“I feel all of us are born with our own set of interests and skills and that is what each one of us should embrace. Because individuality matters a lot”
Tell us a bit about the beginning of your career as an artist. What made you decide this was your calling?
As a kid I loved to draw, paint, do some craft and stitch clothes for my dolls. But I wasn’t sure of how I would build a career around it as a child. So when it was time to actually choose a career I was absolutely clueless. Building a career around your hobbies like drawing and craft wasn’t considered as a substantial career in my family and I wasn’t even aware of these design courses and institutes. Some of my relatives and Dad’s friends suggested that I should take up Architecture because well, I was good at drawing. So I did. Within 3 months of joining college I realised that it wasn’t for me. It was very very difficult for me to convince my parents that I wanted to do something else because by the time I realised that I wanted to pursue design I was too late for the applications of some well known institutes and my parents didn’t want me to waste a year. But I applied to some other colleges and got into Symbiosis. Well, the story doesn’t end here. I wanted to pursue fashion when I got into Symbiosis but after foundation year I realised I liked graphics more so I switched in my second year. It wasn’t easy but I’m glad all the pieces fell into place.
What kind of formal training did you undergo to become a designer and what role has it played in your growth?
As I mentioned earlier I opted for Communication Design In Symbiosis Institute of Design.
Before joining college I always used to have these ideas but I could never arrive at the end product. And I think ideas are just crap without proper execution and follow through. In my design school I was taught the step by step process to arrive at a unique concept and its successful execution. My professors were quite open-minded and never restricted my output, I had a lot of scope for experimenting. They always believed in me and encouraged me. We had a wonderful library and amazing workshops with all the possible equipments. We were also allowed to explore other disciplines to some extent as we could do collaborative projects. Apart from academic skills I also developed my soft skills. I remember I would have so much anxiety while talking to strangers in my first year but by the end of second year I was a part of the event core team talking to all the possible strangers.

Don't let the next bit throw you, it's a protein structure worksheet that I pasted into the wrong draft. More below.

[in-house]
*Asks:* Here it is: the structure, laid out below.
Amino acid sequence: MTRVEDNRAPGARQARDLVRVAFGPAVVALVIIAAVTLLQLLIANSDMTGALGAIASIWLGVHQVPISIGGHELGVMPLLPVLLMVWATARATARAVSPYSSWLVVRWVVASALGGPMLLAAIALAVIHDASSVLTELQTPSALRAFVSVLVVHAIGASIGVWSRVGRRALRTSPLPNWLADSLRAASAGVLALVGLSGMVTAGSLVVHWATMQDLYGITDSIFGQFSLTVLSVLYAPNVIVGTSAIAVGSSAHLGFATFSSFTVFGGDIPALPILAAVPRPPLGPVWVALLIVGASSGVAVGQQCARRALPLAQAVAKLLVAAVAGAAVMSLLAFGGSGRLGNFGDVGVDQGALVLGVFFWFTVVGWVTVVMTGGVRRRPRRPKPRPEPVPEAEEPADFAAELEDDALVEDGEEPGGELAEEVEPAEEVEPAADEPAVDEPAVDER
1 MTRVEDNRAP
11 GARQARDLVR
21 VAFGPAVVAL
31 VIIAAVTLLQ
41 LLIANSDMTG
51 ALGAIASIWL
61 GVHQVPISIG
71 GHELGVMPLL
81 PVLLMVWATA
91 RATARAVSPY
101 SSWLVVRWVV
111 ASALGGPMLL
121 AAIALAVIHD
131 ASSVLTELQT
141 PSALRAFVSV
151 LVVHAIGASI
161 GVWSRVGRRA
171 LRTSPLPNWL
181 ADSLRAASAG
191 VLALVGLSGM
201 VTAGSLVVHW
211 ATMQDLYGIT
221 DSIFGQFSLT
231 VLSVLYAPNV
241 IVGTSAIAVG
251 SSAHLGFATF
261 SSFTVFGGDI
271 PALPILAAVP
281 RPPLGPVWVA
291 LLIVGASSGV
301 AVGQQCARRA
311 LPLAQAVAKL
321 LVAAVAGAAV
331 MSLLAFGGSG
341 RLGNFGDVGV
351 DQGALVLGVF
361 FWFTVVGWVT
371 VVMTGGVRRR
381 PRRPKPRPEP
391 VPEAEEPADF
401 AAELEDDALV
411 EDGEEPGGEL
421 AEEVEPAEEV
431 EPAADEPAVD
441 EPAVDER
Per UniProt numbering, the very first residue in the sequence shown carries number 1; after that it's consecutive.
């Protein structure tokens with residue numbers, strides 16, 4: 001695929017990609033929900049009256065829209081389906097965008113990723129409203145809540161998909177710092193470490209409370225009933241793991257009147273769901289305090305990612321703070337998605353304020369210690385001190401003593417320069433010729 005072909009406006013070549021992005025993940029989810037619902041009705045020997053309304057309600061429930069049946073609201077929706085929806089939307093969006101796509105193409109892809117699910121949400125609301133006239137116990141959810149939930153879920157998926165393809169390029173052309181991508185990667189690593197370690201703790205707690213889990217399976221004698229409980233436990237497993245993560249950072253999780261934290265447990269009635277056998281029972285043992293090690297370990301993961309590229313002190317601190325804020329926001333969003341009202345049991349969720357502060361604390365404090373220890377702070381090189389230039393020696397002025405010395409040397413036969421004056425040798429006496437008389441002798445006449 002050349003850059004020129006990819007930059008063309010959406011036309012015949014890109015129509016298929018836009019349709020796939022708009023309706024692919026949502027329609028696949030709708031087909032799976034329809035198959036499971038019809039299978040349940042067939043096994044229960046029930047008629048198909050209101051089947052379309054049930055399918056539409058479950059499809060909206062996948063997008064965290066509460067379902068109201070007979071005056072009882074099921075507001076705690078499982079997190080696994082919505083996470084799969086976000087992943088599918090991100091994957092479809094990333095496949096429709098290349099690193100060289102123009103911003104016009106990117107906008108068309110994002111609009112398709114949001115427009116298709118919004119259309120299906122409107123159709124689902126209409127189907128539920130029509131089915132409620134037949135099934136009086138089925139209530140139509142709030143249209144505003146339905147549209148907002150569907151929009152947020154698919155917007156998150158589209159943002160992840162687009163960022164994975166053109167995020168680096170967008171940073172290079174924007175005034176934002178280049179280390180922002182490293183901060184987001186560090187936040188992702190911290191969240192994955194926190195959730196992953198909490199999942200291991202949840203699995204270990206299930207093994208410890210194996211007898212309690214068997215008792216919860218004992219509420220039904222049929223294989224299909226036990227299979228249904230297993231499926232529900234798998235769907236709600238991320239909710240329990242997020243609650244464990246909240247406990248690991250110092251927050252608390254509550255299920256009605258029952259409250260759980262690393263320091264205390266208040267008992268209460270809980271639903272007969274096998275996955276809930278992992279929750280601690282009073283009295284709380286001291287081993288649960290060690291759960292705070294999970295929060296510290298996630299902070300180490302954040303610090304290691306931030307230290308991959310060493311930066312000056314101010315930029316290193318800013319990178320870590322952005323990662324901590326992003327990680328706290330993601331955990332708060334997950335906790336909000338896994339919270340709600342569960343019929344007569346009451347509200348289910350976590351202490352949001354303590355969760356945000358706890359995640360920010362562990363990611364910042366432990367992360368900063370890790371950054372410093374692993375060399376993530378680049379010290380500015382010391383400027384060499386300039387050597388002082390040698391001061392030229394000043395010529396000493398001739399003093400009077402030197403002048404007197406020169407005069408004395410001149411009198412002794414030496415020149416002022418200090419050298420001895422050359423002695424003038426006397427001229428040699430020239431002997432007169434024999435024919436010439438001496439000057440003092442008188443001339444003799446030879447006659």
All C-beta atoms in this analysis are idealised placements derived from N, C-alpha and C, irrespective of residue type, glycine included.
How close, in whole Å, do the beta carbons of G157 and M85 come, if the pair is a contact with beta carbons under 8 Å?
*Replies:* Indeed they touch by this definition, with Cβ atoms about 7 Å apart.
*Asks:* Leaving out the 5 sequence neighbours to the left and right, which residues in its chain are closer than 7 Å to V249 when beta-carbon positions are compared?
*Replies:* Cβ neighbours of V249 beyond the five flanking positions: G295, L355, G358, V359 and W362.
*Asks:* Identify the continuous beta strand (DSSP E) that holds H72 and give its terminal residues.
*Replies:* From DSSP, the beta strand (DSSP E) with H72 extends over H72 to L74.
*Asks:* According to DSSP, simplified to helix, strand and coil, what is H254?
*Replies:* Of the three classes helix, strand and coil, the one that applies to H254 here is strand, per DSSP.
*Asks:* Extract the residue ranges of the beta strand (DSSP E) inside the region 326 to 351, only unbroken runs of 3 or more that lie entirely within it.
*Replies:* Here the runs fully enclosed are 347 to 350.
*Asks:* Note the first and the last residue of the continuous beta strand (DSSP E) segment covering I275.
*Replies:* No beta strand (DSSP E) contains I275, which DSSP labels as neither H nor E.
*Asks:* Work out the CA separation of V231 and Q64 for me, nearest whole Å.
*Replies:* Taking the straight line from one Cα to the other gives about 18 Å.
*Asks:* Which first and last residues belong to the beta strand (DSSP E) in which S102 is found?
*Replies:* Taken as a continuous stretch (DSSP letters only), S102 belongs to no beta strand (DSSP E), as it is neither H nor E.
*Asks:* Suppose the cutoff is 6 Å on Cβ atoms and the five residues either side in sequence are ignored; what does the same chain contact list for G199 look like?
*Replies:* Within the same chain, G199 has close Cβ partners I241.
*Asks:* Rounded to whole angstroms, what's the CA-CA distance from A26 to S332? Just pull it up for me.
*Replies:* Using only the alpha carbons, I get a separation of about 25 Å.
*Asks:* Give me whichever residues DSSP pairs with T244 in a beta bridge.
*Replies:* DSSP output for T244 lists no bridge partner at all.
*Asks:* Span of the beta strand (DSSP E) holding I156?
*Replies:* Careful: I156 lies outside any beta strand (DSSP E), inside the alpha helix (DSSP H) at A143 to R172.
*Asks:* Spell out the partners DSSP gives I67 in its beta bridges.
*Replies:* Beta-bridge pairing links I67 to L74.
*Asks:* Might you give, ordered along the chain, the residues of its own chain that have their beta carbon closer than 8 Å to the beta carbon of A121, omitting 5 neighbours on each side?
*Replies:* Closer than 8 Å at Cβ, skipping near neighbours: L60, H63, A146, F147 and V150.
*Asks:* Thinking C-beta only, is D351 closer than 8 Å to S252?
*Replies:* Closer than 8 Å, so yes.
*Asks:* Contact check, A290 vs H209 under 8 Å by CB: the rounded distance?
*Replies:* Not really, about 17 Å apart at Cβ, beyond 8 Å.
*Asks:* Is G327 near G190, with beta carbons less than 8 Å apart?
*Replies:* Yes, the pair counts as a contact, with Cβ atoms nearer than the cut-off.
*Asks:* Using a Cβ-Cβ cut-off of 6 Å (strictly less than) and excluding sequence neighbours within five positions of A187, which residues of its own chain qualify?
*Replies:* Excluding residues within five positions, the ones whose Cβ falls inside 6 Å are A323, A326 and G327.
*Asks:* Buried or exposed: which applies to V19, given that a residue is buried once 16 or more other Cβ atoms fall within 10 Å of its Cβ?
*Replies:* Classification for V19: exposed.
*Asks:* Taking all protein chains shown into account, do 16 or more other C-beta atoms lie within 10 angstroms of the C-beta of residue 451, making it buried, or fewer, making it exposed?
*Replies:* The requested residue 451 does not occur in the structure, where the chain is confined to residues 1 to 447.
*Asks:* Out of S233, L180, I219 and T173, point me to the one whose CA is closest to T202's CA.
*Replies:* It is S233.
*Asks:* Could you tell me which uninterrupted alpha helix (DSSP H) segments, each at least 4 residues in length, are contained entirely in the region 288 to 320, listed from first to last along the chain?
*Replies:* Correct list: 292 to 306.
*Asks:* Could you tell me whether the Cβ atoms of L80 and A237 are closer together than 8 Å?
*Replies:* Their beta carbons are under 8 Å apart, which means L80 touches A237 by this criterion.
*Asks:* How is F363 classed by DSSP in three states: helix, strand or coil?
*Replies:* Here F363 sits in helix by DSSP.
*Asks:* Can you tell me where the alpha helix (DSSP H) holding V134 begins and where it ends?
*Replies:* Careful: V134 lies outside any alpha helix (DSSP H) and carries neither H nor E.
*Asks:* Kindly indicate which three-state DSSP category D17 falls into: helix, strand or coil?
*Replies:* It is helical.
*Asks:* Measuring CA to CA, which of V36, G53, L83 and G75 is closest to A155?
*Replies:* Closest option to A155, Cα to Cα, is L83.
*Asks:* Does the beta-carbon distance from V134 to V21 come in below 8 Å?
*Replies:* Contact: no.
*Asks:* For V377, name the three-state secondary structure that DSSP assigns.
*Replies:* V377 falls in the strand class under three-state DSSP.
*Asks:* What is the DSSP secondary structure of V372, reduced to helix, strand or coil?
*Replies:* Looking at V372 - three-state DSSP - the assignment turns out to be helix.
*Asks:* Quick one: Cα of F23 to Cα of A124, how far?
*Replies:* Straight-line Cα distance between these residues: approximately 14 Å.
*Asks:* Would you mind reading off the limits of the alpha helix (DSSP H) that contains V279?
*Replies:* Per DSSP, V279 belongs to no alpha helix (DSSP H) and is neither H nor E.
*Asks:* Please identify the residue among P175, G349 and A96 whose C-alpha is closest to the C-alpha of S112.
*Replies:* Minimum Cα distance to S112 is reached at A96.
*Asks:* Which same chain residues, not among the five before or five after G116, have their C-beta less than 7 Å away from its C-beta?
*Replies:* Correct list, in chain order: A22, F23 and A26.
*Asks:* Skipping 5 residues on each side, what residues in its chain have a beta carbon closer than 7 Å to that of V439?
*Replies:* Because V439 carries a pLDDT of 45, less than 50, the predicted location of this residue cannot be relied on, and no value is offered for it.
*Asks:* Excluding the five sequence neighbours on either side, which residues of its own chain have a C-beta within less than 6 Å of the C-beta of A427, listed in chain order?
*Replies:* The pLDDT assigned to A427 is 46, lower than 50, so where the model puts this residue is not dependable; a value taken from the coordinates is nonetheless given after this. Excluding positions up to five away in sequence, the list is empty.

What is your workflow pattern right from planning to execution for any assignment?
The workflow pattern differs from project to project. You don’t need to have a solid plan always but you have to be sincere. Getting to know your client’s requirements is very very important before jumping onto conceptualisation. Because most of the times the clients don’t know what they want. I research on my topic a bit, before starting with the concepts. It not only helps in understanding the target audience but also gives you cues for your concepts. It also helps in deciding the main components of your design. Research is very important when you are making something for others. Once that is done I sketch/make doodles to make myself comfortable with the topic and then discuss them with my clients. Final stage involves digitalising the artwork and then making minor tweaks to it according to the client’s requirement.